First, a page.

There is no doubt now that the world we know will always exhibit in creating disconnected individuals everyday. Human trafficking is one of the greatest ethical challenges facing modern times. Eradicating human trafficking needs to start with change and if humanity is willing to allow that change to occur. The human mind is the most complex organ belonging to any species on earth. But in the complexity lies the thought of enslaving others for profit. Caught between the sadistic system are the lives of thousands of men, women and children who are innocent and are trapped in the clutches of a sea of oppression, as their freedom, rights and dignity are stolen from them.

[i] United Nations Office on Drugs and Crime. (n.d.). Retrieved June 28, 2016, from https://www.unodc.org/nigeria/en/human-trafficking.html Definition of Human Trafficking

[ii] Resources on Human Trafficking ‘Against Humanity’ (n.d.). Retrieved June 28, 2016, from http://www.catholicreligiousaustralia.org.au/index.php/news-a-views/our-stories/item/2065-resources-on-human-trafficking-from-against-humanity

[iii] Human Rights No Slavery: UN Universal Declaration Violations & Abuse, Torture & Slavery,. (n.d.). Retrieved June 28, 2016, from http://www.humanrights.com/what-are-human-rights/violations-of-human-rights/slavery-and-torture.html

[iv] “Human Trafficking” by Sandhya Bhat and Catherine Pushpam Joseph. (2012). Retrieved June 28, 2016, from http://www.carnegiecouncil.org/publications/articles_papers_reports/0149

[v] “Human Trafficking” by Sandhya Bhat and Catherine Pushpam Joseph. (2012). Retrieved June 28, 2016, from http://www.carnegiecouncil.org/publications/articles_papers_reports/0149

[vi] What is human trafficking. (2016). Retrieved June 28, 2016, from http://www.stopthetraffik.org/uk/page/what-is-human-trafficking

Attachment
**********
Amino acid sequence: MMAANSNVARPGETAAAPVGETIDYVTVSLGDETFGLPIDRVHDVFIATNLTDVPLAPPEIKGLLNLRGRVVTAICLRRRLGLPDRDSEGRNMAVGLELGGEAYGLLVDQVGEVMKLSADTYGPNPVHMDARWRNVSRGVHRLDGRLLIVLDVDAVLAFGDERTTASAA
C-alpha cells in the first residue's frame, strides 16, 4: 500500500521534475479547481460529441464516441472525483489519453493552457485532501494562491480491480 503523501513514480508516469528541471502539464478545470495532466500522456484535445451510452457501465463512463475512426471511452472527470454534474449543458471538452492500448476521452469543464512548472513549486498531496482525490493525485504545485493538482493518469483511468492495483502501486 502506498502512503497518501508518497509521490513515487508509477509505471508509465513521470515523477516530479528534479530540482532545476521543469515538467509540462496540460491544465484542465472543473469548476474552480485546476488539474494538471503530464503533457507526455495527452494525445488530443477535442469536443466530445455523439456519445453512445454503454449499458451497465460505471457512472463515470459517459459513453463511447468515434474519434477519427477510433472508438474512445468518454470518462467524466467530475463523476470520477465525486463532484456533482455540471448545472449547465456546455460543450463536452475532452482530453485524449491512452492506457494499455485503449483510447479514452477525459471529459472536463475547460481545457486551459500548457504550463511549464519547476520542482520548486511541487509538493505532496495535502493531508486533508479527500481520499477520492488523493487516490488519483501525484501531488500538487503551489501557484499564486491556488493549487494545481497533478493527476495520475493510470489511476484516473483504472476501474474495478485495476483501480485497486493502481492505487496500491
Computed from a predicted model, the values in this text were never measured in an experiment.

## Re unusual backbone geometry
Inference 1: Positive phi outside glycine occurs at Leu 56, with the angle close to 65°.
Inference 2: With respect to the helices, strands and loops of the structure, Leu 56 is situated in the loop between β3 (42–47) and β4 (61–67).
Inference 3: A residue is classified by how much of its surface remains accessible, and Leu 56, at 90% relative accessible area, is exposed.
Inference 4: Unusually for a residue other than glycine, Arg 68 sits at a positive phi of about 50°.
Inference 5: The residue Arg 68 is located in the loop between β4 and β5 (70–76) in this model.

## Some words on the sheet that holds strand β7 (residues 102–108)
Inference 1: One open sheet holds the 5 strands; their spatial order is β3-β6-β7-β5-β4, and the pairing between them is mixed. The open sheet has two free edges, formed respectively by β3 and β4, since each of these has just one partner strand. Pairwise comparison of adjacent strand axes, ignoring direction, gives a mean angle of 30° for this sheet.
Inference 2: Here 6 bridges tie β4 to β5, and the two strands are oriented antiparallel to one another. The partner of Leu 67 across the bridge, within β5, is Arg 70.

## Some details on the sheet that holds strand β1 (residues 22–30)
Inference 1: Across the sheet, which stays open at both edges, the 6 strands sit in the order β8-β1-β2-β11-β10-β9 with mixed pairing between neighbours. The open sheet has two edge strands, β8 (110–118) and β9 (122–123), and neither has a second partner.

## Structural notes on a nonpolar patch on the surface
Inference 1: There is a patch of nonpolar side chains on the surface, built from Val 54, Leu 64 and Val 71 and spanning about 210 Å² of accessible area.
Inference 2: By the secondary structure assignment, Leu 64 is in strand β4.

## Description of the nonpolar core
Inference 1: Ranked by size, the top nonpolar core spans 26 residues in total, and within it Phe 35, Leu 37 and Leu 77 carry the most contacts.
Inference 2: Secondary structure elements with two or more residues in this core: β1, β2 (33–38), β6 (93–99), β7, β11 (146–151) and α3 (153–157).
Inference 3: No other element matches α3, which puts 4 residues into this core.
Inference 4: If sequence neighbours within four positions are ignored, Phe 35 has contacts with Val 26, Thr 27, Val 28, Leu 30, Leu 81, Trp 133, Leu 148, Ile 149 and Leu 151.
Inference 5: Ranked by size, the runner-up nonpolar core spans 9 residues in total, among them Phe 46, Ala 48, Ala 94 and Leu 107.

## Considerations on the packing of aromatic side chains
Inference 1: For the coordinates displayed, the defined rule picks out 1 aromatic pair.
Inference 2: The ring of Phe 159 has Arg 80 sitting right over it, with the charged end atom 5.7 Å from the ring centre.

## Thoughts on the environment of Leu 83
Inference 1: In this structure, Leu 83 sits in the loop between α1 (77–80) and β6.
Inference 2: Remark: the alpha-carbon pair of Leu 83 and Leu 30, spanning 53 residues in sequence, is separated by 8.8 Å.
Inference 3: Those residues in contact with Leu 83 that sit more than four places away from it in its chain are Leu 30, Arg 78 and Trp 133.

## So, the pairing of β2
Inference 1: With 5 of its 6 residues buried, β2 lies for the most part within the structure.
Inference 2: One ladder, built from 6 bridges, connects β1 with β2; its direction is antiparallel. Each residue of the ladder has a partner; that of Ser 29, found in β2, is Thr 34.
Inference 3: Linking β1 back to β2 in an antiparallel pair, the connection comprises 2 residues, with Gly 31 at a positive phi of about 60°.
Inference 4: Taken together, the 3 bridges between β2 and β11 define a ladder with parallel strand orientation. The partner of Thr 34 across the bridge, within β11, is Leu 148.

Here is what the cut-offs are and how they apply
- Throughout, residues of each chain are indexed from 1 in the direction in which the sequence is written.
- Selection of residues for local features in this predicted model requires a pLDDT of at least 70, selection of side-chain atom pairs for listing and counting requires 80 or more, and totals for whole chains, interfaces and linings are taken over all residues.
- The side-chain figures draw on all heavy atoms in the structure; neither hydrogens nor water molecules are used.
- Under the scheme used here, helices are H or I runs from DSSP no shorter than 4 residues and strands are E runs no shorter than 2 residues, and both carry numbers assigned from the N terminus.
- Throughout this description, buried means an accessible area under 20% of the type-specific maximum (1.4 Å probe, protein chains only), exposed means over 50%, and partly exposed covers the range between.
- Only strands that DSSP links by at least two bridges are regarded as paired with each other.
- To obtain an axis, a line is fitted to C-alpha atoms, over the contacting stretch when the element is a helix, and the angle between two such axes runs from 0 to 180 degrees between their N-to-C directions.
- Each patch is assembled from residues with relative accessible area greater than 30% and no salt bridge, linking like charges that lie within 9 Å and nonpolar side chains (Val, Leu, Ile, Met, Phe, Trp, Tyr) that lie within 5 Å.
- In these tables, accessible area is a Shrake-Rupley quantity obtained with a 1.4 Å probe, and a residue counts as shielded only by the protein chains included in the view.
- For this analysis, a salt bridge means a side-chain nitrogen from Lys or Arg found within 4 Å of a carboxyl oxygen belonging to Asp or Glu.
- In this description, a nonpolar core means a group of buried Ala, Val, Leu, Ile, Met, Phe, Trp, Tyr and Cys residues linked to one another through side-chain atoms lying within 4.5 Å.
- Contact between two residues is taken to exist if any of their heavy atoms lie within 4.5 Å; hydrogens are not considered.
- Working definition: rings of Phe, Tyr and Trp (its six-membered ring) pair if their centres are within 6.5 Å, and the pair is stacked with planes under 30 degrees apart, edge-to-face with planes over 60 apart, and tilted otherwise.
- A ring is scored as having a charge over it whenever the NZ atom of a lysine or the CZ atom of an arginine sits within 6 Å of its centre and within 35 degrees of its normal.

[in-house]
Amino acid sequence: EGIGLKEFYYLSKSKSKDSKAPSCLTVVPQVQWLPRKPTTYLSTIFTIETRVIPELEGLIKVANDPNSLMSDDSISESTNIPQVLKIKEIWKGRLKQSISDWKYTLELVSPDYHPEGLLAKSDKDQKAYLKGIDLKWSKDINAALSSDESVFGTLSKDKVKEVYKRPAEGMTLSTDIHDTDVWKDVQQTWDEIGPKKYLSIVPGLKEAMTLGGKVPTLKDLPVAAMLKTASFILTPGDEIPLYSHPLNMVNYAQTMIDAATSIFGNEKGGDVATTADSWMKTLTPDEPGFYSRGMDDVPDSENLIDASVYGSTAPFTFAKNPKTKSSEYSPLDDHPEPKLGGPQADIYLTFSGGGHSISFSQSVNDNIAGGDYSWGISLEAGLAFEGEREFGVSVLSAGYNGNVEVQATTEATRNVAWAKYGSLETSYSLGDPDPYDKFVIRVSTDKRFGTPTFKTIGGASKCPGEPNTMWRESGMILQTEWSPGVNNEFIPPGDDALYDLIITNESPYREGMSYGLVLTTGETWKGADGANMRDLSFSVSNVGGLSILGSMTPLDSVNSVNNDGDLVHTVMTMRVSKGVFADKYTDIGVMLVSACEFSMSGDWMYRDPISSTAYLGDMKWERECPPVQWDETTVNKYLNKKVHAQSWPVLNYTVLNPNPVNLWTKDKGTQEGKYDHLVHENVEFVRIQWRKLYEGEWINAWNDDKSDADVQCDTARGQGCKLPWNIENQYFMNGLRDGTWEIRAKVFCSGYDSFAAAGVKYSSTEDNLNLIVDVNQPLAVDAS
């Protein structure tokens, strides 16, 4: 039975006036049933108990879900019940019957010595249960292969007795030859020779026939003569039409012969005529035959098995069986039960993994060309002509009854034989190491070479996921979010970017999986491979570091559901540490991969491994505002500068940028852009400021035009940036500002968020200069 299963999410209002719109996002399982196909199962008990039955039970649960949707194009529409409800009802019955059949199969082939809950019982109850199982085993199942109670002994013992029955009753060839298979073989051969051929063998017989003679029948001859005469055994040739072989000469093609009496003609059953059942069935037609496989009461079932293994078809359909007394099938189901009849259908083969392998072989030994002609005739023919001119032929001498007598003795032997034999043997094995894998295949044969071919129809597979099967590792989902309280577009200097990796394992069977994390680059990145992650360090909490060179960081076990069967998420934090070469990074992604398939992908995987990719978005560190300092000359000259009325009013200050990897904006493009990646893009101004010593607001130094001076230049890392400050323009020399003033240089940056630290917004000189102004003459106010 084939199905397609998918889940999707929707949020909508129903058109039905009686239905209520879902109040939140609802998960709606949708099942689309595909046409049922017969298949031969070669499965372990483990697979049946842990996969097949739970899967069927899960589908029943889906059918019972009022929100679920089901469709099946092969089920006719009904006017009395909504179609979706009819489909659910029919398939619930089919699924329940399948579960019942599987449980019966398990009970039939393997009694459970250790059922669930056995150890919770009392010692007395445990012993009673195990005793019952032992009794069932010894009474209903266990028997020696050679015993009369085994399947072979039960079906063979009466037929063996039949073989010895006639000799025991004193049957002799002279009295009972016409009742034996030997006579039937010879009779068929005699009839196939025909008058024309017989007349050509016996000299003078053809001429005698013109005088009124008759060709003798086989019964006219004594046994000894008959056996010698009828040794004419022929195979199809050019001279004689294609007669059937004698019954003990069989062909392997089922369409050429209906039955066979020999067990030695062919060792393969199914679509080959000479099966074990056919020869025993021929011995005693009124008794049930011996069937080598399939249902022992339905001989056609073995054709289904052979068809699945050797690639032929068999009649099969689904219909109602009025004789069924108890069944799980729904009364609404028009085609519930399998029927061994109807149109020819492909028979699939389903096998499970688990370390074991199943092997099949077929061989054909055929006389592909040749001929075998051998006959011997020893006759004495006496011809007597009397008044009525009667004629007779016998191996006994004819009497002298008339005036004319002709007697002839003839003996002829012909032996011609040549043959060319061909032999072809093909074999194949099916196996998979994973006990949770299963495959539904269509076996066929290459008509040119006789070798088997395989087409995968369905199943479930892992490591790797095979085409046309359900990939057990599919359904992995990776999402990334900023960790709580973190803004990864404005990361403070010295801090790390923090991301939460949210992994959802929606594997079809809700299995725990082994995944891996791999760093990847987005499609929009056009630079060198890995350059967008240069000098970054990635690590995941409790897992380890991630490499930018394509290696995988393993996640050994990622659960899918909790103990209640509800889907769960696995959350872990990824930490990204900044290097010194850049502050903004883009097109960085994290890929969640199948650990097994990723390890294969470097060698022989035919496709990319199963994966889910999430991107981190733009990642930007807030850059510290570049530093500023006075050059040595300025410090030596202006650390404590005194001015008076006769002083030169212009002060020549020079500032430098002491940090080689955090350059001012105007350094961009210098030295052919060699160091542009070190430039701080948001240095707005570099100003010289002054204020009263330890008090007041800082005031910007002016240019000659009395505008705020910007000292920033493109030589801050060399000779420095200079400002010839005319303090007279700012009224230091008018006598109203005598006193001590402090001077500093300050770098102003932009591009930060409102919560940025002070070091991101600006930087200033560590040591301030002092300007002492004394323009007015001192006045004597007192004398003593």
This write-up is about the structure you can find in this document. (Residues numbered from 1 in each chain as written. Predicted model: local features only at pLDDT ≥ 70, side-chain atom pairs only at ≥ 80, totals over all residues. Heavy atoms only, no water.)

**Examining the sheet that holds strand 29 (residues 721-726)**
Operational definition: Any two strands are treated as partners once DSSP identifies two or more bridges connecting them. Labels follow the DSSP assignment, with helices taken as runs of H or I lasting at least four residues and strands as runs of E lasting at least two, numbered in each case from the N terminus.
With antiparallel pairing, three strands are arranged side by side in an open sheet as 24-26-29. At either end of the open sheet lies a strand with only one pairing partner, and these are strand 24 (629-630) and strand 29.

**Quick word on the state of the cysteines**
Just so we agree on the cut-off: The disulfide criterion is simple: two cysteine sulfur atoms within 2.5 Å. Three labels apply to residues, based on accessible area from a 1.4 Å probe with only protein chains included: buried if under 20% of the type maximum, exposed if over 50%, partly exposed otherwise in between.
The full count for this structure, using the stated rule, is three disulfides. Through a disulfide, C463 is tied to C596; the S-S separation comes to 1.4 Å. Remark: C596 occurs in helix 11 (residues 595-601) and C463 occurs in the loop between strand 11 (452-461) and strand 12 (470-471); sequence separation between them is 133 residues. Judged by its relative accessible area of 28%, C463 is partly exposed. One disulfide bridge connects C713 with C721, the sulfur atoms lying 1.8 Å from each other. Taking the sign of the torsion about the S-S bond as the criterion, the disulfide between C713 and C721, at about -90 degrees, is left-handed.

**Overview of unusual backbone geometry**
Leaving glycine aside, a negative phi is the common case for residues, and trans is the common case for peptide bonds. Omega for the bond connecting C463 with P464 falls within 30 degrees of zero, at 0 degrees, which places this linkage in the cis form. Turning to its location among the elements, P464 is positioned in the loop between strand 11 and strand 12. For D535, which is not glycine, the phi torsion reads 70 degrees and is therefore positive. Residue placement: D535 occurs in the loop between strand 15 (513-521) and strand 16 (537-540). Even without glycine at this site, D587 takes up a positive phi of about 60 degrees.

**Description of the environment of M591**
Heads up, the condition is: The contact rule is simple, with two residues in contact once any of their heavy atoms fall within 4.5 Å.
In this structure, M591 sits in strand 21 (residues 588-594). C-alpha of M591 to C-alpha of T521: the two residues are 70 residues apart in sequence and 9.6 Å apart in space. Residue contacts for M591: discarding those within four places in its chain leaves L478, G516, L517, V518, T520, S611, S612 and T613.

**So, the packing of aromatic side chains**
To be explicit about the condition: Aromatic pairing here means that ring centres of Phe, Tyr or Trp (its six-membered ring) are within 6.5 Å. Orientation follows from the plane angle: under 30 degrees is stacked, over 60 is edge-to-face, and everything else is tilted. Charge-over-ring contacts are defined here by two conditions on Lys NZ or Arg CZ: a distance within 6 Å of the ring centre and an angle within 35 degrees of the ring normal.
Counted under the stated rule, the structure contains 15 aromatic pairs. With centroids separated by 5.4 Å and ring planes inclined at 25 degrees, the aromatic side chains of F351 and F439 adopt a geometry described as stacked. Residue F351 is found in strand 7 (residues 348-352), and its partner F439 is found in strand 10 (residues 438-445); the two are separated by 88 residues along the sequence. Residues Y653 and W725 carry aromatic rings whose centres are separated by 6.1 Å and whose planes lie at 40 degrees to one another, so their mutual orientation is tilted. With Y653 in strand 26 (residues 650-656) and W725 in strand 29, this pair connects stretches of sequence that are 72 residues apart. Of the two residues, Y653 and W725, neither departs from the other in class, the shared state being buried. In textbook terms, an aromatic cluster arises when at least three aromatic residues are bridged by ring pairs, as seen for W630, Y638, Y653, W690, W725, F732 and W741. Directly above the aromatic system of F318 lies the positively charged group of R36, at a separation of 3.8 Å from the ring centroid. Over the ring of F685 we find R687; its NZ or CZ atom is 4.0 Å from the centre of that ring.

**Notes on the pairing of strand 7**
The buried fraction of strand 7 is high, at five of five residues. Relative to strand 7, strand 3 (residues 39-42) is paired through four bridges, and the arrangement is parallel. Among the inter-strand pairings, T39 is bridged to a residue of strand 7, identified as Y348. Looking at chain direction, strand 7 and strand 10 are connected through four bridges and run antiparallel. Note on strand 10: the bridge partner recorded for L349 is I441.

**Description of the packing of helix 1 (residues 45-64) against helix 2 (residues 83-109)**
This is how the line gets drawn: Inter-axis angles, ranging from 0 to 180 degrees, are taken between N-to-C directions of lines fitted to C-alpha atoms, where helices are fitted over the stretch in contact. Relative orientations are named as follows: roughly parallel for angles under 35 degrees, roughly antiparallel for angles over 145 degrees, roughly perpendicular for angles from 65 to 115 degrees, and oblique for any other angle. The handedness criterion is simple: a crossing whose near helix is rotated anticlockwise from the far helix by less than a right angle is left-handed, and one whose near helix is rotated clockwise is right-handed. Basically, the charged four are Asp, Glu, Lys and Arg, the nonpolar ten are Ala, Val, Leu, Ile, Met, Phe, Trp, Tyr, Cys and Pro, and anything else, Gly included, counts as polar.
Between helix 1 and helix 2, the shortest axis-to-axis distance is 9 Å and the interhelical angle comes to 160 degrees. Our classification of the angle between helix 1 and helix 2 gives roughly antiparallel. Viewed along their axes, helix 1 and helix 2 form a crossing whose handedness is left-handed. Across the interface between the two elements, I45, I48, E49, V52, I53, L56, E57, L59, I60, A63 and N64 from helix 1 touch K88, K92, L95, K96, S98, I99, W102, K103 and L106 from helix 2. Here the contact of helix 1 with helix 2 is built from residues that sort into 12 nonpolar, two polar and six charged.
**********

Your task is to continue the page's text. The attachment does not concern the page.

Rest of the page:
[vii] Victims of Trafficking – Florida Department of Health. (2015, February 02). Retrieved from http://www.floridahealth.gov/programs-and-services/community-health/refugee-health/_documents/victims-of-trafficking.pdf

100 Word Story winners!

Capture

During Term 2 the 100 word short story competition ran for a third year.

We had even more entries this year from both seniors and juniors.

As with last year, a number of creative, imaginative and well written stories were entered, providing firm proof that it is possible to write a compelling story with only a limited number of words.  As a result, the talented entries made the task of choosing a winner quite difficult for the judges.

However, after much deliberation, two winners were chosen. Below are their winning entries:

Senior winner – Elizabeth H (Year 12)

The scent of caramelised applies invades the house, filling her nostrils as she opens the door. This is a bad sign – Mother always bakes when she’s troubled. Bustling back and forth, flour dusted across her knuckles, flecks of sugar on her nose, as if a tart will save her. Except there is smoke swirling around the ceiling, the cinnamon smells burnt and she swallows twice, heart clenched. She steps into the kitchen, an avalanche of insanity poured into pastry, tables heaped with gleaming meringues, perfectly iced gingerbread men. Her mother lay on the floor, spatula in open hand, gun in the other.

The blood looks like jam.

Junior winner- Lauren R (Year 9)

I show her reflection as she stares into my waters. She does not see how my body is boundless as I constantly meander past. She is absorbed in my shallow exterior but beneath that layer of serenity I am a lifeline to multitudes. She stares and does not consider the  magnificence which I hold below. She fleetingly acknowledges my  visible resplendence but depreciates  the depth withheld by my façade .

Raging beneath her reflection is a tempestuous universe that is my very  own. She departs, unaware of my brilliance.  She can only see my surface, just as I only show hers.